Christ’s Transfiguration and our Own

Christ’s Transfiguration and our Own

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Archimandrite Iakovos Kanakis

 

Yesterday and today we have a great feast of the Lord, the Transfiguration of Christ the Saviour. We shall say a few words about the feast, based on what the Gospel tells us. Not long before His crucifixion, Christ took three of His disciples, Peter, James and John, led them up onto a high mountain called Tabor and was transfigured before their eyes. His face became as bright as the sun and His clothes shone white. On His left and right appeared two figures from the Old Testament, Moses and Elijah, who represented the Law and the Prophets respectively. The disciples were unable to bear the light and fell to the ground (Pentecost had not yet happened). One of them, Peter, asked Christ if they could set up tents and stay there. Then a cloud of light engulfed them and a voice was heard from the heavens- the same as had been heard at Theophany- saying: ‘This is my beloved son, in whom I am well pleased. Listen to him’. When the disciples fell to the ground in fear, Jesus said to them ‘Get up and don’t be afraid’. When they then opened their eyes, they saw no-one except Christ. As the came down from the mountain, Jesus instructed them not to tell anybody anything until He’d risen.

That, in brief, describes the event of the Transfiguration, but this great feast isn’t merely a historical event which happened once and now no longer concerns us. On the contrary, it’s very much of concern to us all, and has been since the time of Christ…

The first thing to note is why Christ went high up on a mountain in order to be transfigured. Could this not have happened on a plain somewhere?

If you look at Bible history, almost all the great events took place high up. Moses receiving the law and so on. Even more generally, it seems that even idolaters and pagans had events which took place high up. They would also go up to peaks, to high places, to perform their sacrifices. So it would seem to be some sort of general tradition that great events took place in elevated locations.

Another thing is a reference from Saint Nikodimos the Athonite, a great theologian and saint of the church, concerning the Lord’s choice of three disciples to experience His Transfiguration. Saint Nikodimos says that it was because these three were better prepared for the event. The Lord was and is able to look into hearts and recognize their intentions and spirituality. He even knew in advance who would betray Him…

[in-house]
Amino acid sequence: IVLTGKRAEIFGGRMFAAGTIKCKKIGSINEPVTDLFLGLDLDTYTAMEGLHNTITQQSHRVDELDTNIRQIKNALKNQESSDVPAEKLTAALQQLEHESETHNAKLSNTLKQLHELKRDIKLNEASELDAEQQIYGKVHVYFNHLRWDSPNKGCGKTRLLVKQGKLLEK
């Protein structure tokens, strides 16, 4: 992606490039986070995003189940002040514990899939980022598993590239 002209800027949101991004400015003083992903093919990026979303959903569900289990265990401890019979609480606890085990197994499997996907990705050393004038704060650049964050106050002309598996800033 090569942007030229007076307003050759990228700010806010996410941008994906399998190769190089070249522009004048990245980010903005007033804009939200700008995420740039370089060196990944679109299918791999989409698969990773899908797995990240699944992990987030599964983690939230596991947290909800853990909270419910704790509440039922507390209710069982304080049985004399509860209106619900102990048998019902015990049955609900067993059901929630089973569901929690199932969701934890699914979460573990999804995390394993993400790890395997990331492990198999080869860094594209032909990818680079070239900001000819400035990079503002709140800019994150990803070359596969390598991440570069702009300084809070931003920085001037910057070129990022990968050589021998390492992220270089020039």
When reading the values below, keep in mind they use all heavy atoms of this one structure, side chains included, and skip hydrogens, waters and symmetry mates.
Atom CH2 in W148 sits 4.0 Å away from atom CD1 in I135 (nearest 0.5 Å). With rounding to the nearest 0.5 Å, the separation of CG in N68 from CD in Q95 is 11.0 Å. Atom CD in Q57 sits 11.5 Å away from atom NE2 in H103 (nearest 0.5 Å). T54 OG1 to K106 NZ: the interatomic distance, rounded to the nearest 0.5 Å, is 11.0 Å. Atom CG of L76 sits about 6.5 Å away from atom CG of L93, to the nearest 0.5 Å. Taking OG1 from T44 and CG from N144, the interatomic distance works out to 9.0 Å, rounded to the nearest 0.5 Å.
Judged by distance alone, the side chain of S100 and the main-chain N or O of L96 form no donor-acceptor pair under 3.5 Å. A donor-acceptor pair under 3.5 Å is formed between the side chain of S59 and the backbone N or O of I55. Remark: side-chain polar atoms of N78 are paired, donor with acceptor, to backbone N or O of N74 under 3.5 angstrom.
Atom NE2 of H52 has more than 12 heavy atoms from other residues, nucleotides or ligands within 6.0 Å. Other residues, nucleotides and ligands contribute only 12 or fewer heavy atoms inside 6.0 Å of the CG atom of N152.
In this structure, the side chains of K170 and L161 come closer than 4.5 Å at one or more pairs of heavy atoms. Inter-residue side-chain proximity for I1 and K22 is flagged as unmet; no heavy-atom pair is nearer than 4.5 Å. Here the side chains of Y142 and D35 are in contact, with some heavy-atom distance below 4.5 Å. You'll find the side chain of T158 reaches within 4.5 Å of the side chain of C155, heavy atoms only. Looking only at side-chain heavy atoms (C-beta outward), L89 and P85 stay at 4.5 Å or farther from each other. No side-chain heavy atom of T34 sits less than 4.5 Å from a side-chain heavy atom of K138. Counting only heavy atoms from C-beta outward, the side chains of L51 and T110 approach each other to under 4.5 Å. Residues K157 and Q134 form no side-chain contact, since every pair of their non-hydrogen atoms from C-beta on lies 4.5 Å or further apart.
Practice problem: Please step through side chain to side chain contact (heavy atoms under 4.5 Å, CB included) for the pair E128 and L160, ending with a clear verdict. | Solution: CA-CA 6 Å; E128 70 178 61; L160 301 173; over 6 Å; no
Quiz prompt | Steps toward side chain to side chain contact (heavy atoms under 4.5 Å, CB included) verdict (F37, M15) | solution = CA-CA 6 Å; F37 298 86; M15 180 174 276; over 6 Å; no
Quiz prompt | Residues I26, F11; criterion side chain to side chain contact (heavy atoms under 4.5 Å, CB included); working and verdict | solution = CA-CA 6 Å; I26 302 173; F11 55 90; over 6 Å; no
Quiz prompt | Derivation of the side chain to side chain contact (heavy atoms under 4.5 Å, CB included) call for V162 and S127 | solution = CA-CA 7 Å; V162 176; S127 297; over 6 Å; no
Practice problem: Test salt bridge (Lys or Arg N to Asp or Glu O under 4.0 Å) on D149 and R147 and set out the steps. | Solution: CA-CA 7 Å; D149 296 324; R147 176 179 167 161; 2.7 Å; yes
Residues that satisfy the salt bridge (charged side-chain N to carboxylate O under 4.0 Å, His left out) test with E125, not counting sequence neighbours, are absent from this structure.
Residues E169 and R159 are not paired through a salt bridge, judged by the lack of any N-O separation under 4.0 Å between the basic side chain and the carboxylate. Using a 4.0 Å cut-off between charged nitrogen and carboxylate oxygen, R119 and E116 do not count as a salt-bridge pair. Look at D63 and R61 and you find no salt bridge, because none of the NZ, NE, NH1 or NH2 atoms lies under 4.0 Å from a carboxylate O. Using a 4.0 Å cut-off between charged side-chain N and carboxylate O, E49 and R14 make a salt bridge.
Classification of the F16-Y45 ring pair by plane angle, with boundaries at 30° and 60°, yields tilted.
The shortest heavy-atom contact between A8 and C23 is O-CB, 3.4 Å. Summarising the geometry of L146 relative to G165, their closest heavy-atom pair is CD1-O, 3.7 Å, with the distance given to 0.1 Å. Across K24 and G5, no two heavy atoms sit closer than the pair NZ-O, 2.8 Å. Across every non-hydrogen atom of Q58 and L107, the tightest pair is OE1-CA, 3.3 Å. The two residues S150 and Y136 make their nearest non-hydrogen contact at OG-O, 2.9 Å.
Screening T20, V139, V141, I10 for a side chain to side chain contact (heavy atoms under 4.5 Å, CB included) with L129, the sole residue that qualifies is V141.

Allow me to make another point. The Transfiguration tells us who Christ is. Now why was He transfigured shortly before the crucifixion? Because He wanted to show his disciples that He is God. He demonstrated His divinity with the light which shone from His countenance and His garments. In this way, through this feast, the Church is able to formulate the dogma that Christ is perfect God and perfect human. This is the answer to those who cast doubt on either His divinity or His humanity. Because there are some who claim that Christ was a great person and taught wonderful things. The Transfiguration, however, makes it clear that He wasn’t merely a good person; He was also perfect God.

So the transfiguration tells us who Christ is and who we are as people. It tells us about our path forward as human beings. It’s an answer regarding what we should be doing on this earth where we’ve come and where we exist. On this earth which we tread, we have to choose the way which leads to the Light. This is the experience of the Transfiguration: a progression and an effort to enter the Light and to become one with it.

The Gospel reading for the feast of the Transfiguration begins at Matthew 17, 1, but I always feel that we should also recall the immediately preceding verse (Matthew 16, 28) ‘Truly I tell you, some who are standing here will not taste death before [unless] they see the Son of Man coming in his kingdom’ [WJL].

Source: pemptousia.com

 

 

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Pemptousia Partnership

Pemptousia and OCN have entered a strategic partnership to bring Orthodoxy Worldwide. Greek philosophers from Ionia considered held that there were four elements or essences (ousies) in nature: earth, water, fire and air. Aristotle added ether to this foursome, which would make it the fifth (pempto) essence, pemptousia, or quintessence. The incarnation of God the Word found fertile ground in man’s proclivity to beauty, to goodness, to truth and to the eternal. Orthodoxy has not functioned as some religion or sect. It was not the movement of the human spirit towards God but the revelation of the true God, Jesus Christ, to man. A basic precept of Orthodoxy is that of the person ­– the personhood of God and of man. Orthodoxy is not a religious philosophy or way of thinking but revelation and life standing on the foundations of divine experience; it is the transcendence of the created and the intimacy of the Uncreated. Orthodox theology is drawn to genuine beauty; it is the theology of the One “fairer than the sons of men”. So in "Pemptousia", we just want to declare this "fifth essence", the divine beaut in our life. Please note, not all Pemptousia articles have bylines. If the author is known, he or she is listed in the article above.